A risk factor is anything that increases or affects your chances of getting a disease. For breast cancer:

  • Gender plays the greatest role in determining who is at risk, because women are at greater risk of developing the disease than men.
  • Age also is a factor, and as a woman’s age increases, so does her risk of developing breast cancer.
  • Women with a personal history of breast cancer (already had cancer in one breast) are at highest risk of developing cancer in the other breast.

Other factors include:

  • BRCA1 or BRCA2 genes
  • Heredity
  • Environmental substances (such as asbestos, radon and overexposure to ultraviolet rays)
  • Female hormones: early menstruation, no pregnancies, late menopause, and estrogen replacement therapy
  • Ethnicity
  • Excessive alcohol intake
  • Tobacco intake use
  • Obesity

BRCA1 or BRCA2

Healthy breast cancer susceptibility genes, also known as BRCA1 and BRCA2, help prevent breast cancer. A small number of women carry a mutation or defect of these genes, which greatly increases the risk of developing breast cancer, as well as ovarian cancer. While breast cancer isn't always a hereditary condition, the mutation of BRCA1 or BRCA2 does run in families.

  • About 5 to 10 percent of women with breast cancer have BRCA1 or BRCA2 mutations.
  • Between 1 in 400 and 1 in 800 women in the U.S. are BRCA1 or BRCA2 carriers.
  • Men who carry a BRCA gene mutation have an increased risk of developing breast and prostate cancer, as well as other types of cancer.

You may carry this genetic mutation if any of the following characteristics apply to you:

  • You developed breast cancer before age 50
  • Your mother, sister, or daughter developed breast or ovarian cancer before age 50
  • Your mother, sister, or daughter developed ovarian cancer
  • Any female blood relative developed both breast and ovarian cancer
  • You or any female blood relative developed breast cancer in both breasts
  • You are of Ashkenazi Jewish descent
  • Any male blood relative developed breast cancer

If you have a family history of breast cancer, you can consider taking a genetic test to determine if you carry the BRCA-1 or BRCA-2 genetic mutations. If you do test positive for the BRCA mutation, you can consider the following options:

  • Close monitoring: You can closely monitor your breast health with frequent digital mammograms, breast MRI, and clinical breast exams every 6 months to detect abnormalities as early as possible
  • Prophylactic surgery: You can choose to have one or both of your breasts and/or your ovaries surgically removed to greatly reduce your chances of developing cancer.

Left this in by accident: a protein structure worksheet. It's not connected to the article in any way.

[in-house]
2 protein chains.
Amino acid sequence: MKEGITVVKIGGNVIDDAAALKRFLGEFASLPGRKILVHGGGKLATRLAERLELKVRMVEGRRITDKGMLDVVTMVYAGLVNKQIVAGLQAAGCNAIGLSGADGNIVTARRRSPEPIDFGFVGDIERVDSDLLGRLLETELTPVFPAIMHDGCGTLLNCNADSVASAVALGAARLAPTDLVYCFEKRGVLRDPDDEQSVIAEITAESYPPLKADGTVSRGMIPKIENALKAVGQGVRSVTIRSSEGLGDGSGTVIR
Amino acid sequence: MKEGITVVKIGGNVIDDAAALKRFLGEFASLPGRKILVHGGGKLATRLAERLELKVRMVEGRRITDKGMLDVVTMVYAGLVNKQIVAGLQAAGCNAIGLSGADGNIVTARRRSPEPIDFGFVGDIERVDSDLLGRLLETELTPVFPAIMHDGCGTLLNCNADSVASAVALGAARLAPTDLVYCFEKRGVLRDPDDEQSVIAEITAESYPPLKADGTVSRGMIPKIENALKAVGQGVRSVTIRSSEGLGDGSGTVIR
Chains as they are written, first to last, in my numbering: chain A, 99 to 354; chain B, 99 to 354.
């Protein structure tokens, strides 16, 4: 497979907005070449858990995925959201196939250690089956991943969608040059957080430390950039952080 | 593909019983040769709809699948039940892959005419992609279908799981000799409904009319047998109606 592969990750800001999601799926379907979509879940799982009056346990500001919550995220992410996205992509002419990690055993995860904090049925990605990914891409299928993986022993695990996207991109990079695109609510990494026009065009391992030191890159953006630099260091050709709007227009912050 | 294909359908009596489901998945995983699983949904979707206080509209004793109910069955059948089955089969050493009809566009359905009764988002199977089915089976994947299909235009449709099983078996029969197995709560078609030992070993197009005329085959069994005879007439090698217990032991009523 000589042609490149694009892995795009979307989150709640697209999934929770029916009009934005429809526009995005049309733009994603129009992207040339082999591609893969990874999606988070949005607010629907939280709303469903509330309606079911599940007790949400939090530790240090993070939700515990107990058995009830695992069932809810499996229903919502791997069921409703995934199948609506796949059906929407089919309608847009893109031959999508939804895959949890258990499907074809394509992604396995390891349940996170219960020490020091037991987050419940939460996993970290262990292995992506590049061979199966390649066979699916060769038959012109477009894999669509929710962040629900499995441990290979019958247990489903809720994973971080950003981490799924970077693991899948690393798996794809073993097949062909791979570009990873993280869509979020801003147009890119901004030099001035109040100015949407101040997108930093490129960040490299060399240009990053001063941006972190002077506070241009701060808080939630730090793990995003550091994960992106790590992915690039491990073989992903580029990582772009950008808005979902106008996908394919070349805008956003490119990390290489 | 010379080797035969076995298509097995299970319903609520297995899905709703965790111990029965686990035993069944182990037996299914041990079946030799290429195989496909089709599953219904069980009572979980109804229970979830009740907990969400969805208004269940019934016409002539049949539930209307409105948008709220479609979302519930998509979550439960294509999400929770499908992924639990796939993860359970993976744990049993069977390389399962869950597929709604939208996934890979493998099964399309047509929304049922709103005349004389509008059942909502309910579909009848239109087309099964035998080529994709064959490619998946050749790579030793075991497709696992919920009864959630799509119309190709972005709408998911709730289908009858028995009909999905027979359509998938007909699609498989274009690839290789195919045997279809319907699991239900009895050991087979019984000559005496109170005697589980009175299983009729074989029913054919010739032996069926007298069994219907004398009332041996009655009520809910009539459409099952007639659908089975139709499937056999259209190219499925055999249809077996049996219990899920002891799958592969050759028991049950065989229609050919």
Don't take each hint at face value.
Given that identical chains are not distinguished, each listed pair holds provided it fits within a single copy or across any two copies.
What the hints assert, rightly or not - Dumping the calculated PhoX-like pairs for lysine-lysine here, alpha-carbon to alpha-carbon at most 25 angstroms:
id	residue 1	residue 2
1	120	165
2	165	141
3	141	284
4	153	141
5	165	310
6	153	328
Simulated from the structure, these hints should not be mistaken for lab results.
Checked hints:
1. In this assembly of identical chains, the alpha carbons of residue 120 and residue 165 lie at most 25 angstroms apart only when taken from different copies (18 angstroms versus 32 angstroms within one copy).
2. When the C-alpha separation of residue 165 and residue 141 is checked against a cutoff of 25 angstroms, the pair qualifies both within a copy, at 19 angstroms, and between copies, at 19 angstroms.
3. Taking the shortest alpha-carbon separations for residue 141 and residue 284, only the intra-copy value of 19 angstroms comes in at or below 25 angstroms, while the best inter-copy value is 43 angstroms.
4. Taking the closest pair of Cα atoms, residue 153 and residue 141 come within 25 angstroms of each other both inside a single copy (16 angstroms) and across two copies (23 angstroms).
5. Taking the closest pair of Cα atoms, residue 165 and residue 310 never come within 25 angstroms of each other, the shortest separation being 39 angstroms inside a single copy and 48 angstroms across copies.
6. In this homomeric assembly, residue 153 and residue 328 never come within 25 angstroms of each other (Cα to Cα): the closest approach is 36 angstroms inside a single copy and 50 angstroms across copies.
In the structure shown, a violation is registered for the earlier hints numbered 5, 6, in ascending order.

• Lifestyle choices: Make healthy lifestyle choices to lower your risk of developing cancer. These choices include maintaining a healthy weight and nutritious, low-fat diet, exercising, and limiting alcohol intake.
  • Chemo prevention: Your doctor may recommend taking tamoxifen to reduce your risk of breast cancer.

Heredity

The majority of breast cancer is not hereditary, but it can affect several people in the same family. A family history of breast cancer means you have two or more close relatives who developed breast and/or ovarian cancer, especially if the cancer appeared before age 50.

If one of your female relatives develops breast cancer, your own risk for developing the condition doubles compared to someone without a family history. That risk goes up even further if more than one close female relative develops breast cancer at a young age.

Breast cancer risk can be inherited from either your mother's or your father's side of the family, so it is important to know your full family history.

Radiation Exposure

Research demonstrates that women exposed to high doses of radiation during childhood have an increased risk of developing breast cancer. Examples of this kind of exposure include radiation therapy for childhood cancer or Hodgkin's disease and frequent X-rays for childhood diseases.

Your risk for breast cancer increases depending on how much radiation you were exposed to and how young you were at the time of your exposure. If you were exposed to radiation, you should monitor your breast health closely and discuss with your MedStar Health doctor whether you will need an MRI of your breast.

Location Information

For a physician referral, please call

855-546-1083

 

MedStar Harbor Hospital
Outpatient Center
3001 South Hanover St.
Baltimore, MD 21225

Cancer Care Specialists